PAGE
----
11/20/ 2013: the tape pictured below was knit using the equipment above, knitting a length in  8/4 slub rayon

attempting to use it as “ribbon yarn” on a standard machine: (1) at first I tried hanging a complete stitch/row on each needle on standard KM, the fabric was too flat (2) results were better when hanging every other stitch/row chain on every needle, fabric was heavy and to spread things out a bit more I (3) switched to using EOS/R on 2 km needles, and skipping the third. How to make it go round? (4) remove knitting on garter bar, turn over, “hang” ribbon on garter bar in proper configuration, slide all stitches back on machine and keep knitting. Stitch gauge on 4.5 KM anchors knit tape securely, as tape is tugged at stitches closest to plain knit elongate, edges ruffle

purl side

knit side

other inspiration alternatives for similar knit tubes



GIMP color reductions for 2 color “portraits”

The many faces of Rocco

The image is used with the kind permission of Rocco’s owner. I have used this image before, when I posted previously on some ways to reduce colored images to B/W for possible knitting using a Mac computer, please see post on 013/03/14/ color-reduction- conversions-mac-os/. Gimp offers some alternatives to the familiar dithers, and is available, free, for both PC and Mac platforms.

Image_Mode_Indexed_ one bit black: immediate result, too dark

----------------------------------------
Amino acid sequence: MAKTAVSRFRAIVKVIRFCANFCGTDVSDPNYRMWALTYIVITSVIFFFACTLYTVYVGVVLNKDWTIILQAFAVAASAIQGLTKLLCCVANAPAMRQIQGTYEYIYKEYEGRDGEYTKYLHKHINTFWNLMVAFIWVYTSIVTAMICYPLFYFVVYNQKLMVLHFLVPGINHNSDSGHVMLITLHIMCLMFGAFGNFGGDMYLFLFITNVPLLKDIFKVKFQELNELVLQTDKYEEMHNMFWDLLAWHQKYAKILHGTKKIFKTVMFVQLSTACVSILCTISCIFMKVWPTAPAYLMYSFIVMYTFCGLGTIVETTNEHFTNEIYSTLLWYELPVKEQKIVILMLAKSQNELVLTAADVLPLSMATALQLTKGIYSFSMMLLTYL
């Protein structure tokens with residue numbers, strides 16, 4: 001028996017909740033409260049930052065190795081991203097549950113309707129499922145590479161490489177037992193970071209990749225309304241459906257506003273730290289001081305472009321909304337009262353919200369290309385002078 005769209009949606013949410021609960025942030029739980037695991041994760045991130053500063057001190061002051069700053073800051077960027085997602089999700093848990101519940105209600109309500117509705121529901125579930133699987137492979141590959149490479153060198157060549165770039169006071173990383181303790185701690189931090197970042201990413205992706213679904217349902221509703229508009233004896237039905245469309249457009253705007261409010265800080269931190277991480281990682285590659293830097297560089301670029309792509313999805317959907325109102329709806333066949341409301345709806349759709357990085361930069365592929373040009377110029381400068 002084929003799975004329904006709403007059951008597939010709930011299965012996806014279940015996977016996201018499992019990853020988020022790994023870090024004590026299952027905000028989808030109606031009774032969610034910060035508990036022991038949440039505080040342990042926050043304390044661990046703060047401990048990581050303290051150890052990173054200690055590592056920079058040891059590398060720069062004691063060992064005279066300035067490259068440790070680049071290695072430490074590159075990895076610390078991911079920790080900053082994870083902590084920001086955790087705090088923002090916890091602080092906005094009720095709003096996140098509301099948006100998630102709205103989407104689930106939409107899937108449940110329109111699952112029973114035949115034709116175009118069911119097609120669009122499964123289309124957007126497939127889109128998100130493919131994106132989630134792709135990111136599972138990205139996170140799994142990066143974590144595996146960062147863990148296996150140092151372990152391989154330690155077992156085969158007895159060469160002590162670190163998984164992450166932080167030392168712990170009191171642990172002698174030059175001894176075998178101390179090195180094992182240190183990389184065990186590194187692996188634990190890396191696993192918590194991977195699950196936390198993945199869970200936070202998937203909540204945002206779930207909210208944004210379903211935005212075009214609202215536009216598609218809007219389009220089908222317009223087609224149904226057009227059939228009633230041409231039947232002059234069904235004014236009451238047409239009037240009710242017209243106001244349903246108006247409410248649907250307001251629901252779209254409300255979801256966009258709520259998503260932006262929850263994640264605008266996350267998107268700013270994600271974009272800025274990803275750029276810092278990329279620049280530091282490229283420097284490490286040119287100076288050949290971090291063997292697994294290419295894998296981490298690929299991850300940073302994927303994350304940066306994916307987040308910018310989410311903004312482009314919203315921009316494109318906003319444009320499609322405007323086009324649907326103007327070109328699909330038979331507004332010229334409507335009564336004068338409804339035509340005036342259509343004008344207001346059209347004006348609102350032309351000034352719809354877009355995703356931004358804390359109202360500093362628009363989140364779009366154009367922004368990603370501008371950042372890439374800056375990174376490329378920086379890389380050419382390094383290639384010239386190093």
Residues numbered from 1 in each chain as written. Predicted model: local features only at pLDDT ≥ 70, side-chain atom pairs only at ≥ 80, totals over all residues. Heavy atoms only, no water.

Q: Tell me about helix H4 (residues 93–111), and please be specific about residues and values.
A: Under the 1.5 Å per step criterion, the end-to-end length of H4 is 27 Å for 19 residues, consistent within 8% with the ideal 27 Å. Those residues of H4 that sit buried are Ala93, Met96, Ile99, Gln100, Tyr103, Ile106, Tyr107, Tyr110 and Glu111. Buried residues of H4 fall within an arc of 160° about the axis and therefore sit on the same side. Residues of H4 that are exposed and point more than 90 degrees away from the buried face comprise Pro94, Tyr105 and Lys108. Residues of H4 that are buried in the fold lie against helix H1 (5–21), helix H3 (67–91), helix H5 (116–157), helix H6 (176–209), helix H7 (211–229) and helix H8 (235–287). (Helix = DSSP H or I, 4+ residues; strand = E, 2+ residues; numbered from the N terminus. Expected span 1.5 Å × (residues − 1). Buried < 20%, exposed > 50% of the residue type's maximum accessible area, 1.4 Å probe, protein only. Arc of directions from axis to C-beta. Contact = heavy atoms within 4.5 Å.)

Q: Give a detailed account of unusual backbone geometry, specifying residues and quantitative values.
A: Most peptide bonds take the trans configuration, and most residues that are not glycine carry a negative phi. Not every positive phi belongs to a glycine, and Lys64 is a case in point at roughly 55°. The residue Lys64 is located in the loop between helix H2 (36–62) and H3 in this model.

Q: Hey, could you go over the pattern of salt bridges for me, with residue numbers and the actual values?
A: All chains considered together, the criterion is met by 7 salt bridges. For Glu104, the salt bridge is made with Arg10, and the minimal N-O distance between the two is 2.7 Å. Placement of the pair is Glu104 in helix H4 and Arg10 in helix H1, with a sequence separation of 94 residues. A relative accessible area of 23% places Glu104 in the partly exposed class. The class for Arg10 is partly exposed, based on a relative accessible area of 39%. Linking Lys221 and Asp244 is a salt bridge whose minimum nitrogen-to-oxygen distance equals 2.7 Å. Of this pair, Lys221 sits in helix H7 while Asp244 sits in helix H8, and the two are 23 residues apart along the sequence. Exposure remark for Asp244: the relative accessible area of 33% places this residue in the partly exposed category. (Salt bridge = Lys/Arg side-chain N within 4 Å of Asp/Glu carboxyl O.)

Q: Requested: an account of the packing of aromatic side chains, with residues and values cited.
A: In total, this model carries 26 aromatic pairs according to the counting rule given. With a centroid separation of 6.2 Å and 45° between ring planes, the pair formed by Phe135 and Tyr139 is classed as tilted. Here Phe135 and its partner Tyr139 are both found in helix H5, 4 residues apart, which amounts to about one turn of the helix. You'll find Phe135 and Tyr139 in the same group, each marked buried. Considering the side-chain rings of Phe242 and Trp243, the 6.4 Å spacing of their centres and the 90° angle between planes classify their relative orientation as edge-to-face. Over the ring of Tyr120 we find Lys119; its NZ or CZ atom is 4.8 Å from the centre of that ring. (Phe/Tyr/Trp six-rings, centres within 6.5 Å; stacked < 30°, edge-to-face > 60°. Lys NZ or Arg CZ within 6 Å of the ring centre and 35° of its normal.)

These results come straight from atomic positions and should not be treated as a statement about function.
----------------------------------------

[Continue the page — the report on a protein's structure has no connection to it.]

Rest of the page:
Threshold adjustments may not be made in indexed images to alter above image, so it’s back to grey scale. Reductions to grey scale may be achieve through Image_ Mode_ Greyscale or choosing Colors_Desaturate_OK options. Desaturation offers additional choices



rocco desaturated, in “knittable portrait size”

using edge detection and its algorithms

Difference of Gaussians

what happens if in addition color_ invert is used with Roberts

adjusting B/W with Treshold

after a bit of “tweaking”

Image_Mode_Indexed, rendering it “knittable in 2 colors”

getting silly with filling ground with pattern behind floating head

Free Pixel art patterns for both Photoshop and Gimp may be found at texturemate. To get them to work in GIMP if they are multiple sets, I would suggest combining them all into a single folder which may then be added to preferences, renaming or numbering patterns if the series #s repeat. The tutorial may be found here. The same patterns may be added to PS, a method for doing so may be found here.

As for camera portrait apps: SnapDot ($1.99) will render dotted “artworks”

I had no luck reducing this to one bit recognizable 1 bit B/W in PS, but here is the GIMP version in “knittable ” size

It’s all math

Modular knits get lots of attention of late. Most hand knitters are familiar with “domino knitting”. Horst Schultz , Vivian Hoxbro, Iris Schreier,  Ginger Leuters, Pat Ashforth with Steve Plummer and others have written extensively on subject. The cover of one recent pub that is dedicated solely to entrelacs is shown below (how to for MK article by Cheryl Brunette archived last June may be found here).

Complicated stitch patterns often are more easily managed in simple forms. Laying out shapes in scrumbled knits or ones that emulate quilting blocks get back to math and breaking down larger shapes into smaller ones which makes me think of origami. A video source on a paper folding approach by Robert Lang may be found on TED , along with mention of a software program by the speaker (TreeMaker). The geometric shapes created by the fold lines could be translated into intarsia, simple sweater outlines laid on top or under different areas of the “folds” in graphics programs can help with placement of modules to create the final garment silhouette (perhaps a subject for a future post).